Apart from all that shuffling of TBR piles (more to come on that theme) I have been knitting.
I started and finished a Coquille shawl in Noro Kureyon Sock - all purple, green and grey. I love how it turned out. Not a long or complicated knit at all - perfect TV knitting. It's just right for this colder weather, wrapping round the neck securely and lovely and warm.
I then started a shawl that I spotted in the new issue of Spin Off. The pattern called for handspun but I was too impatient to knit it now so I didn't spin the yarn for this. I used a dark green 3ply alpaca from Forsell that I had in the stash. There's nothing to see - it's just a pile of unblocked lacy nothing at the moment.
I've been spinning laceweight, using the Very Fast Flyer attachment for my spinning wheel. The fibre is some BFL that I dyed in the summer. It's proving to be very easy to spin finely and I've already plied a small amount - the lace bobbins don't hold a great deal. This is just 15g and of course I've already forgotten the yardage I got. I shall wait until I've spun it all - a couple of fridays at spinning group should finish it off - and then see how many yards I've got before deciding what to do with it.
(sorry the pic is a little blurry even with the supermacro setting)
I've been reading too. I had a proof of the new James Lee Burke novel - The Glass Rainbow, due for publication in November. It's a Dave Robicheaux book and I have to say that it is really good though I had reservations about the ending. I'm not going to say any more about the plot than that because I don't want to be spoiling it for anyone. The writing is fine as you would expect from JLB and it has the usual cast of well-known, well-loved characters from Clete Purcell to Alafair Robicheaux as well as a fine cast of secondary characters. I'm just not sure about the end.
I had an audio book of Jeffery Deaver's The Twelfth Card which was my book group read for last month. Now I'm quite a fan of Mr Deaver and I've liked most of the previous Lincoln Rhyme books but I'm not sure they are cut out for audio. The pace seemed to be very slow and the plot unnecessarily complicated. The bit where he lists all the clues Rhyme has written on his whiteboard, which I would normally skim over if I was reading, just drove me nuts when I had to listen to it over and over again. The others in my book group liked it, but they were actually reading not listening, so I think if I have one of his to read again I'll take a pass on the audio option and just get the book.
I very much enjoyed The Small Hand by Susan Hill. I had won a signed copy from dovegreyreader in one of her draws, but I'd have bought one if I hadn't - it is such a lovely little volume. Very creepy story, just what Hill excels at. I can really recommend this one. A book dealer is driving home from a client's house late one night when he gets lost and finds himself at the gate of an abandoned house. He gets out of his car and stands for a bit looking at the house, wondering about it, then he feels a small hand taking his.......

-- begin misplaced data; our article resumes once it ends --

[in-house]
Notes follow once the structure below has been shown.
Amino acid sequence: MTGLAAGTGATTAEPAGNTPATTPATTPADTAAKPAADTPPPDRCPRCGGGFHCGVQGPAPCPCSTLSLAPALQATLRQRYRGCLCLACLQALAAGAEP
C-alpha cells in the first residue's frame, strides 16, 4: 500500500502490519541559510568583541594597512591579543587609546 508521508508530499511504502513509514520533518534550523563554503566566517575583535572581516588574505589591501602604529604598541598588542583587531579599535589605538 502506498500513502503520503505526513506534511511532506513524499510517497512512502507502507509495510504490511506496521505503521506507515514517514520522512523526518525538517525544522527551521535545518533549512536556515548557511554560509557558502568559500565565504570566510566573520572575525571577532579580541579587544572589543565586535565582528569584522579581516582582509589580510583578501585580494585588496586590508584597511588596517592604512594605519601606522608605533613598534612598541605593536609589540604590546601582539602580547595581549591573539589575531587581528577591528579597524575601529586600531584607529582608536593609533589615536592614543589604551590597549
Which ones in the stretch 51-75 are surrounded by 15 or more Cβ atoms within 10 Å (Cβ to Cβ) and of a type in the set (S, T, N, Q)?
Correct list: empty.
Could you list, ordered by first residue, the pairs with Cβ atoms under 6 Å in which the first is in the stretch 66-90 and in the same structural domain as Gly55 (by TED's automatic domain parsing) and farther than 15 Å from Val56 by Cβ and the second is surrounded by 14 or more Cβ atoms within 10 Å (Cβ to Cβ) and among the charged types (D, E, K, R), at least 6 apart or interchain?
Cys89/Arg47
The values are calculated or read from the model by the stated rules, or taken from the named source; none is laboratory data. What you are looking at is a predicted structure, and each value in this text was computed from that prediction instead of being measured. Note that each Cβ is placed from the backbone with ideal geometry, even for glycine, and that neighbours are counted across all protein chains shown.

Wonderful idea - I wish I'd had it.
Other books I've read recently include The Moor by Laurie R King (still working my way through these - all out of order). This one hasn't been republished here yet so mine is an old hardback bought in Hay-on-Wye a couple of years ago.
Dark Water by Caro Ramsay - a great police procedural set in Glasgow where the small Partickhill police station is under threat of closure until a big (and nasty) murder case lands right in their laps. I really like this series, very well plotted and with great characters.
Stealing Shadows by Kay Hooper - this was my book group read for this month and it was OK but not great. Very similar to Charlaine Harris' Harper Connolly books - psychic woman solves crimes and communes with the dead - a bit run of the mill.
I also read Red Dog, Red Dog by Patrick Lane which is set in Canada. It's not an easy read, but it's well worth the effort. Young men scrapping and trying to survive, but beautifully written and very detailed. Like a cross between Richard Allen and Alice Munro.
Lastly I just finished The House at Sea's End by Elly Griffiths, (many thanks to Quercus for the proof). This is the third in the Ruth Galloway series. It's difficult to tell you much about it without spoiling the plot, or ruining it for those who may not have read the first two, so I'm just going to say that it is really good and if you haven't read this series yet then you really should, and if you've read the first two then you'll love this third one which is due out in January. I love the character of Ruth - she's a real woman with all the conflicts and problems of a normal woman and crime fiction could do with more like her and a few less of the supermodel crimefighting superwomen who seem to prevail in some books. There is nothing more guaranteed to make me want to put a book down than a stick-thin, super-smart, ultra beautiful heroine, especially if she starts to toss her long red hair. Thankfully there is none of that with Ruth Galloway, who is intelligent, practical and believable.
Now I'm on The Reversal by Michael Connolly, another of the Mickey Haller books, just out last week. It's got quite a lot of Harry Bosch in it too which is a bonus. I never did get back to Nine Dragons for some reason but I'm enjoying this so far.
Back soon(ish) with more book and knitting chatter.